A telephone book may be moved on Shabbat since it contains the addresses of those living in the city and sometimes there is a need for this information on Shabbat. Therefore, although it does contain things that may not be read on Shabbat, nevertheless, one may read the things that are permissible to be read on Shabbat and it may thus be moved on Shabbat.

All this, however, is only according to the letter of the law. However, it is worthy and fitting to only read words of Torah on Shabbat, for the reason why Shabbat was given to the Jewish nation is for them to have an opportunity to learn Torah.

Summary: The letter of the law dictates that one may read a religious Jewish newspaper or medical book on Shabbat. However, a non-religious newspaper is Muktzeh on Shabbat and may not even be read on weekdays.

Ask the Rabbi


8 Halachot Most Popular

Megillah Reading- Coronavirus

Every member of the Jewish nation is obligated to read the Megillah on the day of Purim. One must read it during the night and once again the next day, as the verse states, “My G-d, I call out to you during the day and you do not answer; during the night I have no rest.” This verse is wr......

Read Halacha

The Laws of Hearing Parashat Zachor- Coronavirus

“Remember What Amalek Has Done to You” On the Shabbat preceding Purim, which is this coming Shabbat, after the opening of the Ark immediately following Shacharit prayers, two Sifrei Torah are removed; in the first one, we read the weekly Parasha (which is Parashat Vayikra this year, 577......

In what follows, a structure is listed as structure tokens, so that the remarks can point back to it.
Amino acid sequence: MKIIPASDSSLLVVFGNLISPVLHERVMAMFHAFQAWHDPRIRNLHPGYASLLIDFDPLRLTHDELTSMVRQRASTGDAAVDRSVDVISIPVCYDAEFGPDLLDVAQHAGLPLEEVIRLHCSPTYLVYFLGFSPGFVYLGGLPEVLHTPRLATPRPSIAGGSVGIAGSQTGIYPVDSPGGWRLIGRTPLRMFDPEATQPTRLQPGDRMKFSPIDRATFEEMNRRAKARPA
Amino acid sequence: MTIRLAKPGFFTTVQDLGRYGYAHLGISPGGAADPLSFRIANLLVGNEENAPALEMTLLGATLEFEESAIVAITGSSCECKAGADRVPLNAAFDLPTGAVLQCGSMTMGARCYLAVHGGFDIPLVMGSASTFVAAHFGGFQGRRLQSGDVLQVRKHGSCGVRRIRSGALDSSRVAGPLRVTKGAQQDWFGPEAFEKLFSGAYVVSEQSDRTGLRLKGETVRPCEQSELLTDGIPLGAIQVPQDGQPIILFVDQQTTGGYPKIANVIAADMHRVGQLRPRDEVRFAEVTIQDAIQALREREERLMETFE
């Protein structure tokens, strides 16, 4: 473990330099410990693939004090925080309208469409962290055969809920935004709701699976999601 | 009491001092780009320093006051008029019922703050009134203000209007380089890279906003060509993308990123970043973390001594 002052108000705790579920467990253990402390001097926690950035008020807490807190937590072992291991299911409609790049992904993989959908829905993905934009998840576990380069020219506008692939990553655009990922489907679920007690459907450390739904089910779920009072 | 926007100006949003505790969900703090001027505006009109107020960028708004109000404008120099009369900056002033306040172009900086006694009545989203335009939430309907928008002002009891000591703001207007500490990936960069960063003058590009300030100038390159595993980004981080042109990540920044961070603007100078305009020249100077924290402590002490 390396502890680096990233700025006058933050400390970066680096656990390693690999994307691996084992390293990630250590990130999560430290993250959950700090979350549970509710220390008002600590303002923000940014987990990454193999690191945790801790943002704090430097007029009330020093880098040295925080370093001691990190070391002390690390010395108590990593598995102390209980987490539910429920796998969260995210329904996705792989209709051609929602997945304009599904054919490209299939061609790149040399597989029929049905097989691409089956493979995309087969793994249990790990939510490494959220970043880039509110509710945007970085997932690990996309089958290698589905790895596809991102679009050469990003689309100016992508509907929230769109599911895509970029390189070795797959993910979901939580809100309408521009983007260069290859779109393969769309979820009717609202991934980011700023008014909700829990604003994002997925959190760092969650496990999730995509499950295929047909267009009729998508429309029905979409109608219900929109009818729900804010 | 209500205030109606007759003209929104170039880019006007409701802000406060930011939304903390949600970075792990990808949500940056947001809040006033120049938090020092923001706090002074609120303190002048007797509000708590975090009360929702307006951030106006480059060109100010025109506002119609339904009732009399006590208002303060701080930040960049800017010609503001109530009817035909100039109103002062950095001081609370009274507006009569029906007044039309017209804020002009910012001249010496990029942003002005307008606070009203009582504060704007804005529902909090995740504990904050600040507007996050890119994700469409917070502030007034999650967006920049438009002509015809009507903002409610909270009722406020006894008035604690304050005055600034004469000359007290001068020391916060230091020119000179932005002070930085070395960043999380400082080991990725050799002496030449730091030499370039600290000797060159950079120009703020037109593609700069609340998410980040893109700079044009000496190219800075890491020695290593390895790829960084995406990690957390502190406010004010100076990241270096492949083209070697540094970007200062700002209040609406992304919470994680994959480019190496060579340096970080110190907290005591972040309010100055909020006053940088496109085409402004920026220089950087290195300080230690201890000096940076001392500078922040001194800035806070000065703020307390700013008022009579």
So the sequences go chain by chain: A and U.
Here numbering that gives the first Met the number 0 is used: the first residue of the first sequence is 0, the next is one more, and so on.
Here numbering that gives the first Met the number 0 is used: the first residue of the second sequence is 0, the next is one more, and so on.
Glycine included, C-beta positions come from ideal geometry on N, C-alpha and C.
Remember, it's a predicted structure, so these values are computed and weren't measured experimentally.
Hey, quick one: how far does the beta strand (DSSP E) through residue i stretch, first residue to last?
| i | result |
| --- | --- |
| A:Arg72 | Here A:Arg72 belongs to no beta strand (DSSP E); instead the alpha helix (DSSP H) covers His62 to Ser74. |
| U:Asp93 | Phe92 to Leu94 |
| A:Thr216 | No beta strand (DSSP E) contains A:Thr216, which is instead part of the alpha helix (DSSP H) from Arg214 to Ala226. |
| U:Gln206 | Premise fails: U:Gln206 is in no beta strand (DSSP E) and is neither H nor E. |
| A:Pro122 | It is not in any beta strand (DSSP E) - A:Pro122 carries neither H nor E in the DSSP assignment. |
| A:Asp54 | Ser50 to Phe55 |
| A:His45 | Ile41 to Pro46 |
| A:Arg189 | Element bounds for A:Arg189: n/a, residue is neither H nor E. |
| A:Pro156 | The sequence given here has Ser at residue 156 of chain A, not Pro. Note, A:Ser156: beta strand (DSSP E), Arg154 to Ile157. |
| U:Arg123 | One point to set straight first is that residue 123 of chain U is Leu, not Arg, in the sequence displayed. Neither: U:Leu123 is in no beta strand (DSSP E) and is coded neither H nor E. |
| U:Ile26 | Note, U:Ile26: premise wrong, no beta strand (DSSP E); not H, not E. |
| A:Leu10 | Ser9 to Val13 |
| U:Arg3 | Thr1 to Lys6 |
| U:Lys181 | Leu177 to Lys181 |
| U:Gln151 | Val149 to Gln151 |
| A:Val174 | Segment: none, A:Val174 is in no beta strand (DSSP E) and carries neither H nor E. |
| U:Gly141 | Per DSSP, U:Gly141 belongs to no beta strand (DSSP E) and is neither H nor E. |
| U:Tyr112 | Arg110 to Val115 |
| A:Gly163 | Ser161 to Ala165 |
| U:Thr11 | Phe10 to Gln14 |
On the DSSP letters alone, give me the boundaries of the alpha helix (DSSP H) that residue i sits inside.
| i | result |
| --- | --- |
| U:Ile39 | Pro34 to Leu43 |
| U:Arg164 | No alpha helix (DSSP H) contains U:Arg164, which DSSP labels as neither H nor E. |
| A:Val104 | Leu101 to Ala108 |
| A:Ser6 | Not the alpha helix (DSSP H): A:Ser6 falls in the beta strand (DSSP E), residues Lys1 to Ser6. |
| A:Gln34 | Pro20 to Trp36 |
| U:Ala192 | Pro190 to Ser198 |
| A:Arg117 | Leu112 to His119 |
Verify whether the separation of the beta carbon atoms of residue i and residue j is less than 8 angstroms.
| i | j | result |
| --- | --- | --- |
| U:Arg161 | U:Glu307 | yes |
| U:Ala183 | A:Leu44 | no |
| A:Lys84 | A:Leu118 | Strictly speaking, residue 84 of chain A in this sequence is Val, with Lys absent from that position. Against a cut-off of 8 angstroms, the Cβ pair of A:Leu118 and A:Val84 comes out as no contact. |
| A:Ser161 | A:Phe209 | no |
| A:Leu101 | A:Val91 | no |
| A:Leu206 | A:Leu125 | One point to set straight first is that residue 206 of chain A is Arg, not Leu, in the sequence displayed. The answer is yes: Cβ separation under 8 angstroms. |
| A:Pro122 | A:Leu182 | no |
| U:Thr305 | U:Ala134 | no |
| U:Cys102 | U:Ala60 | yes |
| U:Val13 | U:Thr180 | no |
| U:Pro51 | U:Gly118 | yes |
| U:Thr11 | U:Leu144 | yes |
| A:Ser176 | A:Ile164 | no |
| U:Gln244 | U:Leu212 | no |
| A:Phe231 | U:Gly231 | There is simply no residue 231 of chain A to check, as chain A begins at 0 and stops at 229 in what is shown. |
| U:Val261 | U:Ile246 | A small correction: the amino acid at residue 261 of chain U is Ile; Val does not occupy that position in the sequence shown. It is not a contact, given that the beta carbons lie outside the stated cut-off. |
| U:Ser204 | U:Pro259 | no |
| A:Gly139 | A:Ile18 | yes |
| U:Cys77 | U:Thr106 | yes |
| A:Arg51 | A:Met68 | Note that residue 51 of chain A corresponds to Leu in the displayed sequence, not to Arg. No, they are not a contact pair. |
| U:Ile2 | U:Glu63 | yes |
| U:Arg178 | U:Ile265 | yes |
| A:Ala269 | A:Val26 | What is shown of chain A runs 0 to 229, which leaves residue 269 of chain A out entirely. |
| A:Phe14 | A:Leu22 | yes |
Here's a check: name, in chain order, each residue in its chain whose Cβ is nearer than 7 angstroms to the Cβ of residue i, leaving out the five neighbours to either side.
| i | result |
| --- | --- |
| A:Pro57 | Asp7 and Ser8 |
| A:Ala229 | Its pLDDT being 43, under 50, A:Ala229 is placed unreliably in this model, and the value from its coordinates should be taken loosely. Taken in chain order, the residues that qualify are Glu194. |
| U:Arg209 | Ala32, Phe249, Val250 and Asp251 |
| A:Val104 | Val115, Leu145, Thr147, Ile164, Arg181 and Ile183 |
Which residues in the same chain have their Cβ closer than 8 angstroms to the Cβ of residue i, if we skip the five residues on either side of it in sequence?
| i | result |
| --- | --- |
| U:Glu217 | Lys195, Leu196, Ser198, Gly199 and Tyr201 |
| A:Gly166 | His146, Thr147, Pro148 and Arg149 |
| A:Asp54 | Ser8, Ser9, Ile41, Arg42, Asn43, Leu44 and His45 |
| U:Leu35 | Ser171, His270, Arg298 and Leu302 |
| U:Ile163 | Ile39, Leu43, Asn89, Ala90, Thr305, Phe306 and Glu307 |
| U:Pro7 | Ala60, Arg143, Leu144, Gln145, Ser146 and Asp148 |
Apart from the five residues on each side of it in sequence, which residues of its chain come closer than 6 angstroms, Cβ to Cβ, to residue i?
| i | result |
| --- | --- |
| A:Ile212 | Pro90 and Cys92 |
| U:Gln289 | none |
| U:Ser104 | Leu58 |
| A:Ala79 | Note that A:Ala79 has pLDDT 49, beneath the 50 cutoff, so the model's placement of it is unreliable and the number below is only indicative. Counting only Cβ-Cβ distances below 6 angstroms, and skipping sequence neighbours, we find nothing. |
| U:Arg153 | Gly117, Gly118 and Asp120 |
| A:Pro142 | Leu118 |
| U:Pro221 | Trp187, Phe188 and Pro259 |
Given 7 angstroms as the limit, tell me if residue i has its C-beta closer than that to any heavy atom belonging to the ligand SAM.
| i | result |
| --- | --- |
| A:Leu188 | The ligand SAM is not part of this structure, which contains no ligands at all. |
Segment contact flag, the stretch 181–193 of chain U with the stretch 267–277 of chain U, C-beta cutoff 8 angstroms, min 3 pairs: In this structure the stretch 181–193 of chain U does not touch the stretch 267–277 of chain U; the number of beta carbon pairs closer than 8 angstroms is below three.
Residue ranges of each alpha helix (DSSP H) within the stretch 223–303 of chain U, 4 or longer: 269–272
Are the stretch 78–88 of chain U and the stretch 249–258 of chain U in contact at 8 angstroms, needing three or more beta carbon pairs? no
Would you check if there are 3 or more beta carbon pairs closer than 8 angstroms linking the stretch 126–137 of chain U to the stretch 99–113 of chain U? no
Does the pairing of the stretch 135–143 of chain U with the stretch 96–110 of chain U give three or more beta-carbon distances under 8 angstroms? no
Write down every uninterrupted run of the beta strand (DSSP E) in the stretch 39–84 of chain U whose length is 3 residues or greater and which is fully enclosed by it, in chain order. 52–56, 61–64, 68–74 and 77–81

Read Halacha

Caution Regarding Chametz Issues

Our Sages (Tosefta Pesachim, Chapter 3) taught: “We inquire about and expound the laws of Pesach from thirty days before Pesach.” Based on this, great rabbis throughout the generations have taken the opportunity to teach the laws of Pesach to the public between Purim and Pesach since eve......

Read Halacha

The Laws of Koshering Vessels for Pesach

One may not use Chametz vessels on Pesach since vessels which have been used to cook in or have had hot Chametz placed in them have Chametz flavor absorbed in them. Thus, just as we separate between meat and dairy utensils all year long, we must likewise separate between the utensils we use all year......

Read Halacha


Matanot La’Evyonim- Coronavirus

In the previous Halacha we briefly discussed the Mitzvah of “Matanot La’Evyonim” on Purim day which is the distribution of two monetary gifts, one to each pauper. What Must One Give? In order to fulfill this Mitzvah, one need not give actual gifts; rather, it is permissible to ......

Read Halacha

Silver Vessels

Question: May one continue to use silver vessels or utensils, such as a Kiddush goblet, on Pesach after they have been used throughout the rest of the year? Answer: All vessels used all year round with cold foods or beverages may be used on Pesach after having been thoroughly washed beforehand, f......

Read Halacha

The Days of Purim and the Laws of Mishloach Manot- 5781

The Days of Purim Purim will be celebrated in approximately two weeks from today. This year, we must discuss several unique laws, first of all, because Purim day (the 14th of Adar) falls out on a Friday. Second of all, in Jerusalem, a “three-day Purim” will be celebrated since the 15th ......

Read Halacha

The Mitzvah of the Purim Feast This Year (5781)

Holding the Purim Feast at Night The holiday of Purim is different than all other holidays we celebrate in that whereas regarding other holidays the Mitzvah of partaking of a joyous holiday meal applies during the day and night, regarding the holiday of Purim, there is only a Mitzvah to hold a feas......

Read Halacha